First responders recall terrifying moment tornado hit ambulance

Two Franklin County first responders were inside an ambulance when tornado hit


FRANKLIN COUNTY, Va. – When disaster strikes, first responders are the first to jump into action. During Friday's tornado in Franklin County, medics Bryan Ferguson and Billy Akers were driving back from another call when they got caught in the high winds.

Seconds after their close encounter, they rushed to save another driver when the tornado hit.

"We were returning from Martinsville. We were headed to our main office in Rocky Mount. We had heard of the weather alerts and were monitoring the situation," Ferguson said.

They were alerted to the immediate tornado threat over the radio in the ambulance when they heard the message: "Attention, all units. Attention, all units. Be advised we are currently in a tornado warning until 11 o'clock in this area. Again: tornado warning until 11 o'clock."

"As we were coming up the road, we were looking out towards the west, towards where the storm activity looked like it was coming from, thinking it was further away and just watching," Ferguson said. "Next thing you know, we're running right into it."

Debris pounded the ambulance, the right mirror bent and the glass on the back doors shattered. Thankfully, there were no patients in the ambulance at the time. Ferguson vividly remembered the shaking and turbulence in the ambulance.

"Noises were weirdest thing. The debris hitting the ambulance, just showering everything around us, including us," he said. "We both just kind of shelled up and threw our arms up for protection."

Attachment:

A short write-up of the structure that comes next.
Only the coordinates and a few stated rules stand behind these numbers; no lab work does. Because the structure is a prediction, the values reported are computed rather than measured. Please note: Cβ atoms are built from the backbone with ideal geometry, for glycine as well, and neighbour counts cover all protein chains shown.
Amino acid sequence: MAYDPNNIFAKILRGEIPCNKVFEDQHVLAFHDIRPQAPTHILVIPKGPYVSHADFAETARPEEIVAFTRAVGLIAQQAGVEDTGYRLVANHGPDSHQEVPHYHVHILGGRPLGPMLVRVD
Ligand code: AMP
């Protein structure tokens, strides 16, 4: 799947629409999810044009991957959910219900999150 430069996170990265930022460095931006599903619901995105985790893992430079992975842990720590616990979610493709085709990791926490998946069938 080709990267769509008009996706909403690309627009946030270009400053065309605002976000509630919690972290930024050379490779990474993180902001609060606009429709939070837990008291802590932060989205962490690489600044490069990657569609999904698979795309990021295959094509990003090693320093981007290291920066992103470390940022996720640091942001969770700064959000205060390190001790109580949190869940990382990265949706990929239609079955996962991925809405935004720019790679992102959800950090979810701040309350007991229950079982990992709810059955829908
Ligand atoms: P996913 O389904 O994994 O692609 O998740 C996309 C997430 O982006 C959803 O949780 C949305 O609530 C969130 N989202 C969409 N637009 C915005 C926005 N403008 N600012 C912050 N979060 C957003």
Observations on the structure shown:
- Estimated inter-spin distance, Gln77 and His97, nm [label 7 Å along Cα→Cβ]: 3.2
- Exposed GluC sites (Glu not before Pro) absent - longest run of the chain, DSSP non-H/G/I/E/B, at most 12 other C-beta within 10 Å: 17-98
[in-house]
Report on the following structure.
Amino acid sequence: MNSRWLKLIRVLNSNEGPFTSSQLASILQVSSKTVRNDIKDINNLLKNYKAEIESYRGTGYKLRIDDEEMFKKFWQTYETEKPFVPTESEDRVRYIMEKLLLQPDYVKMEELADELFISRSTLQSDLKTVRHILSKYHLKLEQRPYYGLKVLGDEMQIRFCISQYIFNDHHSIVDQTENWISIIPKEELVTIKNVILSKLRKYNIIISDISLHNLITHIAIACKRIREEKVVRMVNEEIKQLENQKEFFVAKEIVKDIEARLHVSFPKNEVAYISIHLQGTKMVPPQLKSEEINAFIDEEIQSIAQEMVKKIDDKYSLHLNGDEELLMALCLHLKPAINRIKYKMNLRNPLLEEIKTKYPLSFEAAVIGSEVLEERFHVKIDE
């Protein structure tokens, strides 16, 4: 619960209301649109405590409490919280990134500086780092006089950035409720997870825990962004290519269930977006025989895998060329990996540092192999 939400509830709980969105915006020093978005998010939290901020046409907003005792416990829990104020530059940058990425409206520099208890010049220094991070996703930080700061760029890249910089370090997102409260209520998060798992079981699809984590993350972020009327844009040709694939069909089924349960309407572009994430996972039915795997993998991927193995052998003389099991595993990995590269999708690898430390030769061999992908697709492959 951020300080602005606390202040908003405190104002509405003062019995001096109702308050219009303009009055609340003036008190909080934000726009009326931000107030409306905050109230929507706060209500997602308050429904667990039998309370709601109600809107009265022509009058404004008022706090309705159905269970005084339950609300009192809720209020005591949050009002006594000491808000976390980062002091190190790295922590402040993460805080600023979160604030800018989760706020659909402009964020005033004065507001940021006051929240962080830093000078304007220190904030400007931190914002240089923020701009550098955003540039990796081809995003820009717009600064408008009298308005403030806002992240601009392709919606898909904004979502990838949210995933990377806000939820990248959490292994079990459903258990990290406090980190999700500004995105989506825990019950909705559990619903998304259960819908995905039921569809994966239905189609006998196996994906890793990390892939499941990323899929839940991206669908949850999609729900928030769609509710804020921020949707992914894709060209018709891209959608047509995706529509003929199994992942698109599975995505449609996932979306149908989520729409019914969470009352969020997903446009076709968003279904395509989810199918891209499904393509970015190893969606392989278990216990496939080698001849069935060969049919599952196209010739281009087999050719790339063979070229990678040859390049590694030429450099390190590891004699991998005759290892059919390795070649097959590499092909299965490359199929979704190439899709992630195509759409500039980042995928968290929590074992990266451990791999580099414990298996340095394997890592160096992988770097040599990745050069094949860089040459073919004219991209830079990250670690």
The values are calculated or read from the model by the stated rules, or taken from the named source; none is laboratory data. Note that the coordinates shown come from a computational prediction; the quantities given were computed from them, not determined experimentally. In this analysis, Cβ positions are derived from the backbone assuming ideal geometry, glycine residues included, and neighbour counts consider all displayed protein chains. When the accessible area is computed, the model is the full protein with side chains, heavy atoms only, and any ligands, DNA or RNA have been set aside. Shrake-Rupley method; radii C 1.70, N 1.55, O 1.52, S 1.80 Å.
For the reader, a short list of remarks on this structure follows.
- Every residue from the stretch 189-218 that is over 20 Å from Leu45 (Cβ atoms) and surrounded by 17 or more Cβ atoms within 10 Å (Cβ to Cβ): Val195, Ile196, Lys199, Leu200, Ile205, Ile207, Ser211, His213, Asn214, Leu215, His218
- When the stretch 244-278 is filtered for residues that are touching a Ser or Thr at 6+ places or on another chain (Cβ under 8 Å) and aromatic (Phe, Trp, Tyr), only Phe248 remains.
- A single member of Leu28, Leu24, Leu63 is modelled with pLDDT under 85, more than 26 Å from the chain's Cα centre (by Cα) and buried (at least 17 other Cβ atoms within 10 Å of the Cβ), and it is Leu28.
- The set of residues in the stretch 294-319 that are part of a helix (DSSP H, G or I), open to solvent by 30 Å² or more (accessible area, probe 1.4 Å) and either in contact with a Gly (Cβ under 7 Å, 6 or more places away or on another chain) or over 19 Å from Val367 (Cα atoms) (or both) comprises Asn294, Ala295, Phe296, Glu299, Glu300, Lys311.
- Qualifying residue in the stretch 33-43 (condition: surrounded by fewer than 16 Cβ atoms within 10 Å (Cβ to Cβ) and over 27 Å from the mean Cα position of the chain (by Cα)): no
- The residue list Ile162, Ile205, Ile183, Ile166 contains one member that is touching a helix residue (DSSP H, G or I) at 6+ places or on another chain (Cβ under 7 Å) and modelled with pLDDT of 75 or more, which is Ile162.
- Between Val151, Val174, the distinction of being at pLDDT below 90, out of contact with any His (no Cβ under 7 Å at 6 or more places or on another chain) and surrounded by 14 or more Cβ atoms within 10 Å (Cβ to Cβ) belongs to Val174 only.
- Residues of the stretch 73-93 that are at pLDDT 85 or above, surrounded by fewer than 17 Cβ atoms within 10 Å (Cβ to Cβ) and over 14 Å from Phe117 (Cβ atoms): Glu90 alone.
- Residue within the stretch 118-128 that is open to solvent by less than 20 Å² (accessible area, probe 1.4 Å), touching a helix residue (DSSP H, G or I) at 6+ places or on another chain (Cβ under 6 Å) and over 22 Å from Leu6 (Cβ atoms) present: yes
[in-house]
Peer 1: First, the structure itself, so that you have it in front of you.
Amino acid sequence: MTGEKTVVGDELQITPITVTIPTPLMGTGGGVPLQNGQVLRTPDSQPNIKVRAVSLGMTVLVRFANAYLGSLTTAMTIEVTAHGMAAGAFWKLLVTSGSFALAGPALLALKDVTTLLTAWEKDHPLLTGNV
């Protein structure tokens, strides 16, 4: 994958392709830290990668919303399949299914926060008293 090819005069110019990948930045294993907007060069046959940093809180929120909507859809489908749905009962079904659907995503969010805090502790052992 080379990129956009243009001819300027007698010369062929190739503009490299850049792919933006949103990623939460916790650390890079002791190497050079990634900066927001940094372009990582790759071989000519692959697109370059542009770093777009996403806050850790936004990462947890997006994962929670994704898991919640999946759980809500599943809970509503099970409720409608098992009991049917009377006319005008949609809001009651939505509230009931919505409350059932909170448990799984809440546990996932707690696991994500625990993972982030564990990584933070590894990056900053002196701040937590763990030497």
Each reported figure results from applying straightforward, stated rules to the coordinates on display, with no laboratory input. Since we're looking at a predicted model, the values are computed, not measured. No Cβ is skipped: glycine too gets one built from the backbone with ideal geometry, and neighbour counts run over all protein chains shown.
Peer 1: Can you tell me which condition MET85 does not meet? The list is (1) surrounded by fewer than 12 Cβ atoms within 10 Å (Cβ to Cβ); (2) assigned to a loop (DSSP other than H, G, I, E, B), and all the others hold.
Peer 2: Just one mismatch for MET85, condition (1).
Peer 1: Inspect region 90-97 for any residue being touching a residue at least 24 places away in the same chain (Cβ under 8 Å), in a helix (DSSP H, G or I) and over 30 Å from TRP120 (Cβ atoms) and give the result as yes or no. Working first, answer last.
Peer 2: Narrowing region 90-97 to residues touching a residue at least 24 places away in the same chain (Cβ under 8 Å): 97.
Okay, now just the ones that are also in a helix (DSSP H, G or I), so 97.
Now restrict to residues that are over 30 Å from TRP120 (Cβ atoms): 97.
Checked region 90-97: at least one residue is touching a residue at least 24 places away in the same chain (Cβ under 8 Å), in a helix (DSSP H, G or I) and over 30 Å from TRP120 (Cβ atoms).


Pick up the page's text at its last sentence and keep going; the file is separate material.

Billy Akers was also in the ambulance when the tornado hit. 

"A heavy rumble. Truck shook side to side and then the glass in the rear broke. Debris started coming in," Akers said.

Ferguson filmed on his cellphone while Akers drove. In the video, you can hear the two asking each other if they were alright.

"It just happened so quick that I was like, 'OK, we just went through a tornado or a tornado just went through us," Akers said.

"If I said there weren't a little bit of you know, scared tensions amongst us, I'd probably be lying," Feguson said.

That's when they called dispatch.

"Two-twenty northbound. Heavy damage. Our vehicle's out of the road. We did sustain damage to our vehicle. We are 10-4. The unit not so much. We're going to be out checking other vehicles," Ferguson said to dispatch over the radio.

Akers and Ferguson assessed the damage to the ambulance and surrounding cars and drivers.

"That's when we noticed the vehicle below us in the southbound lane," Akers said. "There was an occupant in that vehicle. We were able to remove that occupant [and] call back for additional units to let them know that we did have a rescue."

That man was taken to a hospital with non-life-threatening injuries.

"I just bowed my head and thanked the Almighty. I said, 'Thank you for keeping us safe.' And that's when we went to work," Akers said. "Didn't really take time to, you know, dwell about it. We had a job and just went to it."

"We both knew that somebody was watching over us," said Ferguson.

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